BHP Billiton, the world’s largest mining company, has recorded an overall loss of $6.4bn following a "difficult" year.
Weak commodity prices led operating proftis to fall 44% to $12.3bn and underlying profits to fall 81% to $1.2bn, the company’s CEO Andrew Mackenzie said in his investor and analyst teleconference.
As well as low commodity prices, the company’s profits were also stung by a series of exceptional costs, most notably as a result of the Samarco dam collapse in Brazil last November. The incident caused 19 deaths.
BHP owns 50% of Samarco, a joint venture with Brazilian mining company Vale, and has agreed a remediation and reparations framework with the Brazilian government in the range of $1.1bn to $1.3bn.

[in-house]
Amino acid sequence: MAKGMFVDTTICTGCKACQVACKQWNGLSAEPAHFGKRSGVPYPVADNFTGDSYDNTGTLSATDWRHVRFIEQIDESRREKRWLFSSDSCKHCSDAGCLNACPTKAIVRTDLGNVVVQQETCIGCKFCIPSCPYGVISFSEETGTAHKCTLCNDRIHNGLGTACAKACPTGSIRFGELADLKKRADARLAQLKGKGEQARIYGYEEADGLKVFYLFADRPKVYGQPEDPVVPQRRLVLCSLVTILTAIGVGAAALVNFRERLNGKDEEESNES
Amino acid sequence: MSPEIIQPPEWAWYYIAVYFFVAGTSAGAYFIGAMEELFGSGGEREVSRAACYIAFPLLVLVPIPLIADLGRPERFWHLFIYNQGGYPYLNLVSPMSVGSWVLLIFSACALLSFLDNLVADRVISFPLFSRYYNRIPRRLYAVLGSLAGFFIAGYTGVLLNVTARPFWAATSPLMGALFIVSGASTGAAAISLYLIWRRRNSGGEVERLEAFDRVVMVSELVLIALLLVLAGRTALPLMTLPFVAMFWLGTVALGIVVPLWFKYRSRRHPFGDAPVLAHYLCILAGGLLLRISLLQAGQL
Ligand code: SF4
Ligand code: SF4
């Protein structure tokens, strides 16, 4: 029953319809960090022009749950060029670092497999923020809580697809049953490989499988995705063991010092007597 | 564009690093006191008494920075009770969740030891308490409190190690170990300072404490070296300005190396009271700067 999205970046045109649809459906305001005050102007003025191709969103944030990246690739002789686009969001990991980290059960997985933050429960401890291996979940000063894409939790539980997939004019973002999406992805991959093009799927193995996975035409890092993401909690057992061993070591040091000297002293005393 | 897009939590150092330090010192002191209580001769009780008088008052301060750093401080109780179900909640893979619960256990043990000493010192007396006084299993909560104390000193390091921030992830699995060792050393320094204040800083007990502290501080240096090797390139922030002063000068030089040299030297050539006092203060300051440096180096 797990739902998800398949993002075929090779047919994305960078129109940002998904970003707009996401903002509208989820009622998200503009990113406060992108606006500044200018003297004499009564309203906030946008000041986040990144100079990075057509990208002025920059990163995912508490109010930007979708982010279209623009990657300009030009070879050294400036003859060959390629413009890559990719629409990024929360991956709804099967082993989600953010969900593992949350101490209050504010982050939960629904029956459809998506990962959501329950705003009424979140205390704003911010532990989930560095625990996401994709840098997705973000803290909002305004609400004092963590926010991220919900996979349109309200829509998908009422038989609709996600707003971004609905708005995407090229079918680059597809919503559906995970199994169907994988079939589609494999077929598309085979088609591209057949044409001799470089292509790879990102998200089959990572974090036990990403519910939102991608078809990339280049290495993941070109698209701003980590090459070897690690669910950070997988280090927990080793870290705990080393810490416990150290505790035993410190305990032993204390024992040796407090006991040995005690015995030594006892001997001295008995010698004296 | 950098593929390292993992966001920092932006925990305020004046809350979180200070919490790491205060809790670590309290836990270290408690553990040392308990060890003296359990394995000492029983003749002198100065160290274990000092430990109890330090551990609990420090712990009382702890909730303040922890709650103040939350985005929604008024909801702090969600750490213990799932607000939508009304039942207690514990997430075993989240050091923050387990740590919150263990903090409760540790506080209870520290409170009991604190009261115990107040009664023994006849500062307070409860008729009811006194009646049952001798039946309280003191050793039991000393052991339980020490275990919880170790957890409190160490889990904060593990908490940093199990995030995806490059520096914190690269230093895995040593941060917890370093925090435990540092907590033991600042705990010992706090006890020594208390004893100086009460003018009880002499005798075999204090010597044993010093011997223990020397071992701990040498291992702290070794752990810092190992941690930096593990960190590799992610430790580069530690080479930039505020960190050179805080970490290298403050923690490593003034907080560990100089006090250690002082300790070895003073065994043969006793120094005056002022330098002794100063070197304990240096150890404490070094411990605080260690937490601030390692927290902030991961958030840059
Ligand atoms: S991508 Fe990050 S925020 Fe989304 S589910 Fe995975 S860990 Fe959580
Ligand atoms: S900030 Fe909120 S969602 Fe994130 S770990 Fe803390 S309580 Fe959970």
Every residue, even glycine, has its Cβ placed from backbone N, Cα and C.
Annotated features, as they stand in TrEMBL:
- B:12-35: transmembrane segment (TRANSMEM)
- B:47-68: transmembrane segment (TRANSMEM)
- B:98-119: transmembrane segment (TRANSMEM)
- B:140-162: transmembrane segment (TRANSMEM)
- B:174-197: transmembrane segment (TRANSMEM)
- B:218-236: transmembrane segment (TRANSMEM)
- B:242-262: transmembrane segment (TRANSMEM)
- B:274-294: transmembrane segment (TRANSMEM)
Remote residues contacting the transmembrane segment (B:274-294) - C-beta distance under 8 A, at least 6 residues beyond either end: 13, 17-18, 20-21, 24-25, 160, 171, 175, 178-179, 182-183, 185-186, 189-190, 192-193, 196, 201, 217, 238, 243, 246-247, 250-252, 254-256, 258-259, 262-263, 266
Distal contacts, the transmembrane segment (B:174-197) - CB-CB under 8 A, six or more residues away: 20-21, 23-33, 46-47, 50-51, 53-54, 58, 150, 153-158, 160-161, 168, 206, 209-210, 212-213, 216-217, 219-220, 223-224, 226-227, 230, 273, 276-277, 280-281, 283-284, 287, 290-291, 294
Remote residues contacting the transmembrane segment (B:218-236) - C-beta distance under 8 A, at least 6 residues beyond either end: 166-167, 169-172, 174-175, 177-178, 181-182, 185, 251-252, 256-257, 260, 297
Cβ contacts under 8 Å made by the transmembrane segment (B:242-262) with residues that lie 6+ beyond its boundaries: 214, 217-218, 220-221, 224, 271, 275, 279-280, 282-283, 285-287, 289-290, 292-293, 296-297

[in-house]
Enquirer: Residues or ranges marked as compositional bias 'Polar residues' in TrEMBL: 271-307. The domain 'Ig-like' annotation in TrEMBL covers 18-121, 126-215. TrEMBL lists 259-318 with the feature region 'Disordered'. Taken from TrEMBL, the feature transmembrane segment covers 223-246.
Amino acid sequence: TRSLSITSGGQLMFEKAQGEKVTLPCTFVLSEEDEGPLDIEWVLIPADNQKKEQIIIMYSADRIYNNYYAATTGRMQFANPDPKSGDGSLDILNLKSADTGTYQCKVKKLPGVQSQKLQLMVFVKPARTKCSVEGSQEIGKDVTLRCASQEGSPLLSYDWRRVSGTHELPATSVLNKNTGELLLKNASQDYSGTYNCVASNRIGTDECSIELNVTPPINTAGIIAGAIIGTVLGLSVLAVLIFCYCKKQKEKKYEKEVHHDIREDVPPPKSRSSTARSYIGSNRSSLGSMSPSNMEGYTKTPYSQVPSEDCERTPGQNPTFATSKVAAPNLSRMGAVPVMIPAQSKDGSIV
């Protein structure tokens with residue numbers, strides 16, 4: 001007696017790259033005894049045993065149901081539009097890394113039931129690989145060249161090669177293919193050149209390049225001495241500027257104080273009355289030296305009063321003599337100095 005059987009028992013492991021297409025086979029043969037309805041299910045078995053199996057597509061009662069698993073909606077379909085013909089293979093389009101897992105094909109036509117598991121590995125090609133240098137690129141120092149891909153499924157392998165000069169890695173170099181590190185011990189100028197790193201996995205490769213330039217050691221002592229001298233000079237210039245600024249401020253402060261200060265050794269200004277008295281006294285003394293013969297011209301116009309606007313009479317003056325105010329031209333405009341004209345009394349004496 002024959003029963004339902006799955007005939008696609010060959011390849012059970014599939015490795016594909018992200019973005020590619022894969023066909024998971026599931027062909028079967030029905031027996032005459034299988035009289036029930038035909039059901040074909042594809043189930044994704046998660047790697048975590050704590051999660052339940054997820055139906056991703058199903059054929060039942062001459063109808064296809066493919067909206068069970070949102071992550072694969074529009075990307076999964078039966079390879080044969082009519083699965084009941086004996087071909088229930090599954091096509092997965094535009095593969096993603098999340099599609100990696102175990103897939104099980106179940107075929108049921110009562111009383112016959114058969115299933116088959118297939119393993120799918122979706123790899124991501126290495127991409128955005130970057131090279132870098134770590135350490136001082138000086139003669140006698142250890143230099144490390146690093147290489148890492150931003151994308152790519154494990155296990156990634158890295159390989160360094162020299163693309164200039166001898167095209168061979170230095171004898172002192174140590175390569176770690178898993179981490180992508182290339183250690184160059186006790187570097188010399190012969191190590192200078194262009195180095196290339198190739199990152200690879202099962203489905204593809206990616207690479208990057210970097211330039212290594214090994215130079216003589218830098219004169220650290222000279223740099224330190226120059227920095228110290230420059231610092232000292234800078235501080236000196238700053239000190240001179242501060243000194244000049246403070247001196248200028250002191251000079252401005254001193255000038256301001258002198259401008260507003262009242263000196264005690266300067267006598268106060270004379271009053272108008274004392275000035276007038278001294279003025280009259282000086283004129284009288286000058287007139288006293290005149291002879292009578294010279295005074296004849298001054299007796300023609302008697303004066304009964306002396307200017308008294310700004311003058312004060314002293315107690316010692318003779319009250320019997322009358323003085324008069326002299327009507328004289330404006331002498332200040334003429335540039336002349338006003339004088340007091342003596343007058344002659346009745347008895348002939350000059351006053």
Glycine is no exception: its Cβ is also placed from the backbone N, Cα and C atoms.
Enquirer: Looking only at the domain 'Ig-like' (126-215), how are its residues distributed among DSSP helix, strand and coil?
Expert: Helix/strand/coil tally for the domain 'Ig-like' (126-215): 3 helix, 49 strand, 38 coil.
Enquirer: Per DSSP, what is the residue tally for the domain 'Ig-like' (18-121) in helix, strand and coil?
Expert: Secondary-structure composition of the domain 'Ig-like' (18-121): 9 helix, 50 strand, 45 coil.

Mackenzie also cited a $5bn impairment charge reflecting the chainging value of its onshore US petroleum assets, as well as “some ongoing global taxation matters”.
“We are clearly disappointed with this result – really disappointed. However, our EBITDA [earnings before interest, taxes, depreciation and amortisation] has remained healthy at 41%,” said Mackenzie.
BHP also announced efficiency savings, and said capital and exploration expenditure had declined by 42% and was expected to fall further next year.
Mackenzie said BHP was in a good position for the year ahead and had a “near ideal portfolio” of commodities.
BHP’s shares went up 0.7% in London and 3.3% in Sidney after the company announced its results.
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